Tuesday, 27 May 2014

Live Review: White Denim (GetIntoThis)

White Denim
East Village Arts Club
Liverpool, 21st May 2014

EVOL and Harvest Sun, the city’s two main promoters, seem to be involved in a frantic game of one-upmanship at the moment, with each enjoying a golden streak that has seen, or will see, the likes of Parquet Courts, Future Islands, Action Bronson, St Vincent, The War On Drugs all compete for show of the year. The real winners of course are us, the audiences, as Liverpool’s reputation as UK tour’s most high profile and frequent omission looks to be dwindling.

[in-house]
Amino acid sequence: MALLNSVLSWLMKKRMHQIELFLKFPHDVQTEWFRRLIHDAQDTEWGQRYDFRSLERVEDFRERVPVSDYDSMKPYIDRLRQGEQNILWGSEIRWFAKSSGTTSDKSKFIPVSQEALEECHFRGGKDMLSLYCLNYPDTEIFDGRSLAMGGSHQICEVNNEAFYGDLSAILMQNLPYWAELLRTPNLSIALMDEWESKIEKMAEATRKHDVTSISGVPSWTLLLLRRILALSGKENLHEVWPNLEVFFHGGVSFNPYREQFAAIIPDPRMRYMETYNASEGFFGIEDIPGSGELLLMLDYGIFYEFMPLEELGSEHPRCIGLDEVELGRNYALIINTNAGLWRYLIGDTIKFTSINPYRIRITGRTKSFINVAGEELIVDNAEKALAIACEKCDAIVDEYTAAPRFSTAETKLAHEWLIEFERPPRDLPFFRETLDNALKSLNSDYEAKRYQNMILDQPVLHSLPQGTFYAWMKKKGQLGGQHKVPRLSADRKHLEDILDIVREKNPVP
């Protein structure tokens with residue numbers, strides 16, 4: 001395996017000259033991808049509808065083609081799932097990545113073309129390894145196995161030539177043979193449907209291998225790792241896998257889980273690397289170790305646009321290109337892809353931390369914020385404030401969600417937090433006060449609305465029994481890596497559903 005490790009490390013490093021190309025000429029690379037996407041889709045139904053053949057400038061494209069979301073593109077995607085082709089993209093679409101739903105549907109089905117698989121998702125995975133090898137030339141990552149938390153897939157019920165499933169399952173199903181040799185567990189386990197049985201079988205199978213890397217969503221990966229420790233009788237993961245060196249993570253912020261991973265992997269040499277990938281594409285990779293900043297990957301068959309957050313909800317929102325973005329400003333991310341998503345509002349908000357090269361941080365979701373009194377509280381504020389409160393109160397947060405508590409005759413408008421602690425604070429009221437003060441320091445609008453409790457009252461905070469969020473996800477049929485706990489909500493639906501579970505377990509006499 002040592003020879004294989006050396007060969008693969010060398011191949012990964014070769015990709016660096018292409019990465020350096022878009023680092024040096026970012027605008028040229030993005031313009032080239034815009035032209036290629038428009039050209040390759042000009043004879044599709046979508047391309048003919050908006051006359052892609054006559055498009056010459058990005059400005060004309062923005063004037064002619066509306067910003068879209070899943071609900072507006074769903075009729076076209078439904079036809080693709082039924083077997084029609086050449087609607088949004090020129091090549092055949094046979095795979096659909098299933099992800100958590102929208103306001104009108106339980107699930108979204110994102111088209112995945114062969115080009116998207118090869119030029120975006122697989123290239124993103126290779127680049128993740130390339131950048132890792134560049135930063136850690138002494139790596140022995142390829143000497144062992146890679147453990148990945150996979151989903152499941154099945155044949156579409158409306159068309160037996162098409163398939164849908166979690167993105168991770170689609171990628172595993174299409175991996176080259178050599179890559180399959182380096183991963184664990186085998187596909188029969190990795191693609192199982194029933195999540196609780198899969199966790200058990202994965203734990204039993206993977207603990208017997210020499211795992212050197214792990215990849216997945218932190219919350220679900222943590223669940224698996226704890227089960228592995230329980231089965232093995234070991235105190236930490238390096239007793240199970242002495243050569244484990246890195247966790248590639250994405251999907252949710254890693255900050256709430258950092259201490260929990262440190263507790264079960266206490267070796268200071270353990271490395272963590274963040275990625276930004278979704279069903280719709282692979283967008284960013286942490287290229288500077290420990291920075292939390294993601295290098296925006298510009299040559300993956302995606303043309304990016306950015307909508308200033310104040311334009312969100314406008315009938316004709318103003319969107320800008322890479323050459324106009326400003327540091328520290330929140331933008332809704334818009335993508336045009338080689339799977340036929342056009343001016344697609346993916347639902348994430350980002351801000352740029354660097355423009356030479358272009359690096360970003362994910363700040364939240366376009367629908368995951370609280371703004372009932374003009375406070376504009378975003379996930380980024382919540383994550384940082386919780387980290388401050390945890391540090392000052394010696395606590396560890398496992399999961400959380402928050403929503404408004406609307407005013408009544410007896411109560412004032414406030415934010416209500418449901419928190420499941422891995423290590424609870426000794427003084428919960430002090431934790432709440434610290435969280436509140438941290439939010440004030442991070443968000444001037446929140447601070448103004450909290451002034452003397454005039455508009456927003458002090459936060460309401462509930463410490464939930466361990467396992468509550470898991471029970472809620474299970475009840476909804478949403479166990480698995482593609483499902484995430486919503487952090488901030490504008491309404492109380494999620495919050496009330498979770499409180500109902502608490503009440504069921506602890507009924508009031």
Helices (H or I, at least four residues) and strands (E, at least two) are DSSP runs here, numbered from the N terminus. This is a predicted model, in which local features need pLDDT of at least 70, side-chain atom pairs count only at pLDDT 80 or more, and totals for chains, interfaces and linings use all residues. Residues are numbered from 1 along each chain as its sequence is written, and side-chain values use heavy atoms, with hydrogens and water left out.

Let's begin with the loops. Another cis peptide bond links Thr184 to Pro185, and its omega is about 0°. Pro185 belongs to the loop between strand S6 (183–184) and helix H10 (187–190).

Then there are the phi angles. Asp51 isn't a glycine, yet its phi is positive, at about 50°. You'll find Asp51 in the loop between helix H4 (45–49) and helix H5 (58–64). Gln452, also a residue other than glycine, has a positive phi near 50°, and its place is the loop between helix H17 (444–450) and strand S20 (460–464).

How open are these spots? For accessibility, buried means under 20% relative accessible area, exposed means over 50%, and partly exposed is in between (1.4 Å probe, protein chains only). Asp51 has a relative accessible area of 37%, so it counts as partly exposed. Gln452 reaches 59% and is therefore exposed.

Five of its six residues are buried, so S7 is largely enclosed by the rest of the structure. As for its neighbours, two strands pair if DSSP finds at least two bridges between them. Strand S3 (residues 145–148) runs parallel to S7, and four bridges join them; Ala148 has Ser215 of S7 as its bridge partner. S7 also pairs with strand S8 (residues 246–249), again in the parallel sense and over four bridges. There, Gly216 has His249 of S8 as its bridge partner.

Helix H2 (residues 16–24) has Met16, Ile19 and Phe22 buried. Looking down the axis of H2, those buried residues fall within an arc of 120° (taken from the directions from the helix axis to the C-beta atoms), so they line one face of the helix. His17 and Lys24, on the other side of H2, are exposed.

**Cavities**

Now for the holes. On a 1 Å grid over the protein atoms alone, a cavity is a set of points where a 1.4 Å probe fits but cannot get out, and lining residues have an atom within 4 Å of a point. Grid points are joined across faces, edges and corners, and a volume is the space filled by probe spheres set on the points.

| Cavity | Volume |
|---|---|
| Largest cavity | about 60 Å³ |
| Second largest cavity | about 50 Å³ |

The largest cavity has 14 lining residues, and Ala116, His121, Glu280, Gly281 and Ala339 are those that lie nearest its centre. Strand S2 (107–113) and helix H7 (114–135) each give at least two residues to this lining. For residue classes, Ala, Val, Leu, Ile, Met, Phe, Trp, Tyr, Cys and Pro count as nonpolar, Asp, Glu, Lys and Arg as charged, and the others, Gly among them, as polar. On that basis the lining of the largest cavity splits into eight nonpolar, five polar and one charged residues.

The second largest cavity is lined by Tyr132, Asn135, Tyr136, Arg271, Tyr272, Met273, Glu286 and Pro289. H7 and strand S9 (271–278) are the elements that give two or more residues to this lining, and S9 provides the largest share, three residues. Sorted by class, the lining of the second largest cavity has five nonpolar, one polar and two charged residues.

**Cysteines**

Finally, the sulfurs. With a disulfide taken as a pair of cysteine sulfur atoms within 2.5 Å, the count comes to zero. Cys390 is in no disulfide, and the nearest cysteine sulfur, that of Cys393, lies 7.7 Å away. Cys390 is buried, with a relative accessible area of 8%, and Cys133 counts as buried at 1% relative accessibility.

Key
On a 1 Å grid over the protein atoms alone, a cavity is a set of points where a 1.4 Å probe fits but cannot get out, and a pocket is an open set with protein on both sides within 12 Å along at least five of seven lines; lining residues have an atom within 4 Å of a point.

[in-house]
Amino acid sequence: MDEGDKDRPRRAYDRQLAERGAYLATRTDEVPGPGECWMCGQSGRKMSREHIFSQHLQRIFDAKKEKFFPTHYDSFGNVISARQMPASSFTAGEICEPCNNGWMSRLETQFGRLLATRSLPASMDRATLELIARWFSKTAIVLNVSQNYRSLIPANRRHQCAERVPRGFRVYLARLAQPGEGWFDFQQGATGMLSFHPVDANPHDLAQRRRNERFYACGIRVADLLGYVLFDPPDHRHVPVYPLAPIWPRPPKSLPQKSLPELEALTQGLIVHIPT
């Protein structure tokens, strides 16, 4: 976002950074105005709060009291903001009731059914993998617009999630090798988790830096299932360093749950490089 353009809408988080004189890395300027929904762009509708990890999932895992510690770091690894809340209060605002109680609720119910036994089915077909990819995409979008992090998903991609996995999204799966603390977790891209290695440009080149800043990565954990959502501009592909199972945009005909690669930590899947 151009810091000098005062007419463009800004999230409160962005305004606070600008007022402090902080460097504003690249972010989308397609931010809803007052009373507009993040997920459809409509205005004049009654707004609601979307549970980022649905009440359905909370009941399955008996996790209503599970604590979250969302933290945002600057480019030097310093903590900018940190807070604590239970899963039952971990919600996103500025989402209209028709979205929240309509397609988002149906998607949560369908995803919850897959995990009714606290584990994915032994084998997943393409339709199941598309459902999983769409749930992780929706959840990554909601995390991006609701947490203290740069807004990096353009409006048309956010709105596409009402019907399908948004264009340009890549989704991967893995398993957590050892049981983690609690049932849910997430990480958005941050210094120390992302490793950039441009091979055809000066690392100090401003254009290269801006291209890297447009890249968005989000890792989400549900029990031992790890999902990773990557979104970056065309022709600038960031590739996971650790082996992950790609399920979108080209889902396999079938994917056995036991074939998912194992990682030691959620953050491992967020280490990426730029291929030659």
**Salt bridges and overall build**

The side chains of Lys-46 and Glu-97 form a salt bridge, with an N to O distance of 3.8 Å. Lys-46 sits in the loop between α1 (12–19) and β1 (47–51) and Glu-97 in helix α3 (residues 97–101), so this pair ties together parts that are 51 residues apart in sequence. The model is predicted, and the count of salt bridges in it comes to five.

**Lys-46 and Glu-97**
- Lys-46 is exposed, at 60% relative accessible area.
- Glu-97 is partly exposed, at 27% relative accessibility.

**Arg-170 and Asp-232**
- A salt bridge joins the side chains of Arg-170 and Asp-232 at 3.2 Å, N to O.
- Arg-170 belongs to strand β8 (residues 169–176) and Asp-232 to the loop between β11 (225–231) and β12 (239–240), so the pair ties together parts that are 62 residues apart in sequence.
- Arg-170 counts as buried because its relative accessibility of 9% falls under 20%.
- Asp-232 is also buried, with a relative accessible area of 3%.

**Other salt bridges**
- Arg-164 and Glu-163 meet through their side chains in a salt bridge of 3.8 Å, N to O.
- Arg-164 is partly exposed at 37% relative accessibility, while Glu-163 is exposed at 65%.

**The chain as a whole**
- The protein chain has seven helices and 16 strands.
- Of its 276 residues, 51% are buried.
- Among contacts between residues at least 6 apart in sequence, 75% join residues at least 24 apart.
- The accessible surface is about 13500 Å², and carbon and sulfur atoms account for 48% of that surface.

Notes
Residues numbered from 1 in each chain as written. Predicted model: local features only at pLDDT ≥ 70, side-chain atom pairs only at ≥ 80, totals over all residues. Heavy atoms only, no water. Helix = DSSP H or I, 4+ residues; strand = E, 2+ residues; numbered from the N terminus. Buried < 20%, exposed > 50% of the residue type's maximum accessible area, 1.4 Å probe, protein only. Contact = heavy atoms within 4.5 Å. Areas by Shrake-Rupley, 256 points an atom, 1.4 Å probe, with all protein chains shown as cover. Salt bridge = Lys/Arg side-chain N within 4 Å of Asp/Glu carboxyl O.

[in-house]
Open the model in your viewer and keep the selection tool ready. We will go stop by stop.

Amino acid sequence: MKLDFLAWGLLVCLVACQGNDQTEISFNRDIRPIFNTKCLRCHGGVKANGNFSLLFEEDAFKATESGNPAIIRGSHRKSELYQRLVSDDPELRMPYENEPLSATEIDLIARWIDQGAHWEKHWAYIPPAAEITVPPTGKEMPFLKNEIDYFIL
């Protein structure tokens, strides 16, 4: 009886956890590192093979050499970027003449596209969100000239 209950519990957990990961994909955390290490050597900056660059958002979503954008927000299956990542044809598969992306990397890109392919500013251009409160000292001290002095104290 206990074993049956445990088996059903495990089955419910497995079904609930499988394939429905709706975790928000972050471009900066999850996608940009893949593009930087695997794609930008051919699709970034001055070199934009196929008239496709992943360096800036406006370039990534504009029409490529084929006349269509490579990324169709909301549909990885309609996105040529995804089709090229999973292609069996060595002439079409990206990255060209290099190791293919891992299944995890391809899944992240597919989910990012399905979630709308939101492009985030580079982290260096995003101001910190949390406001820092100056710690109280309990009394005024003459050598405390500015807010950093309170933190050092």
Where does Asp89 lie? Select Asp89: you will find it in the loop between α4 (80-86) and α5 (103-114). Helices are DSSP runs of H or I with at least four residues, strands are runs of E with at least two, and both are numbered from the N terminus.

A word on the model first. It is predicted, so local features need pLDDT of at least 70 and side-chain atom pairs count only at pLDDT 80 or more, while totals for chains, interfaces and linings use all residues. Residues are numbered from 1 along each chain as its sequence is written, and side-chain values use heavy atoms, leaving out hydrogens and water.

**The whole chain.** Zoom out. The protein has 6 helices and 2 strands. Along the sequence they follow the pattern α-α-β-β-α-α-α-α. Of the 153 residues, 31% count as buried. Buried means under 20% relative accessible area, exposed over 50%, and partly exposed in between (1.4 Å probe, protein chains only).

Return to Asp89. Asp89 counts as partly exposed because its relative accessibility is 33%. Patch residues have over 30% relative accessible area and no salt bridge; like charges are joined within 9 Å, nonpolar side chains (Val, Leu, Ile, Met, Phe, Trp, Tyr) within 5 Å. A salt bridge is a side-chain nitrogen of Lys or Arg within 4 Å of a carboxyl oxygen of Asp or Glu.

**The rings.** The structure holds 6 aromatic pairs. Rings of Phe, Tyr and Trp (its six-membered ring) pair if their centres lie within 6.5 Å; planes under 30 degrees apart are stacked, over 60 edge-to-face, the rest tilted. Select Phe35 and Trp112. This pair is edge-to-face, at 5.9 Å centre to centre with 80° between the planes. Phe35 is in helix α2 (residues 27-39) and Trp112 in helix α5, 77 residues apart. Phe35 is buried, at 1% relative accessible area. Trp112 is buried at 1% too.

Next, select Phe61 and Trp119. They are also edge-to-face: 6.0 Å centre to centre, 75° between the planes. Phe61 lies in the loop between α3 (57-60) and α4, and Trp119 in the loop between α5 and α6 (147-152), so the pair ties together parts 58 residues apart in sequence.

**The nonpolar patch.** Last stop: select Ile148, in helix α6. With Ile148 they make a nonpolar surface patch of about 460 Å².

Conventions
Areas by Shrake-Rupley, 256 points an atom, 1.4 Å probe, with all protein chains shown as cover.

White Denim are a good band, the type whose mention prompts unanimous nods of approval. Even if you might have only heard Pretty Green on BBC 6 Music a last year and couldn’t name another song, you still know, for some reason lurking in the back of your mind, that White Denim are a good band. And after six albums in almost as many years, they can safely call themselves mainstays of American guitar music. White Denim’s remarkable consistency, with their inability to sit still, means that despite only being around since 2007, there is a sense of longevity surrounding them, almost as if they are veterans and tonight’s show at the East Village Arts club is some sort of victory lap.There is an astonishing level of composure about the Texan four-piece this evening. Nodding and grooving almost politely, with each riff barely oozing from Petralli’s fingertips and each melody floating wistfully from his mouth. It’s that sort of thing that makes White Denim, and this kind of bluesy, garage band rock and roll in general so enduringly popular, when it feels like you are peering your head round the door as they jam in their living room. Those piercing lead guitars on At Night In Dreams interlock perfectly, whilst those stabbed, syncopated chords that anchor their most immediate track Pretty Green, are so perfectly timed and executed that its almost as if each member has had these tunes programmed into them. There are no stompers here, no sweeping crescendos or widescreen choruses; just a technically brilliant band, playing technically brilliant songs, very, very well. Ability itself, to the right kind of fan, is often showmanship enough. Sure, there is a fine line between being calm and being well, disinterested, and White Denim certainly tread it thinly tonight, but you get the feeling that if they were all thrashing about on stage, or if they were telling mischievous anecdotes throughout, it wouldn’t sit right with these songs that don’t need to force themselves on anyone. With each tunes just knocked up casually for anyone to grab when they want, instead of charging at the audience head first, we are able to cherish the details and textures that had us spinning their records on repeat in the first place. Each guitar lick, each drum fill, each harmony, all stimulate thrilling sense of recognition and familiarity, almost like when you’re watching your favorite movie for the second time. Don’t be fooled though, this is complex, intricate stuff, and underneath these seemingly straightforward songs there are elements of jazz, funk, blues and rock and roll – all blended flawlessly into this cool and poised package on stage in front of us. The biggest compliment you can give White Denim tonight, and on record, is that despite the wide and often conventional set of influences, you could still never mistake them for anyone else. For a Southern States American rock and roll band, this is quite an achievement, and one that means they are able to release a new album almost every year whilst remaining in a slow, steady, yet enthralling state of transition.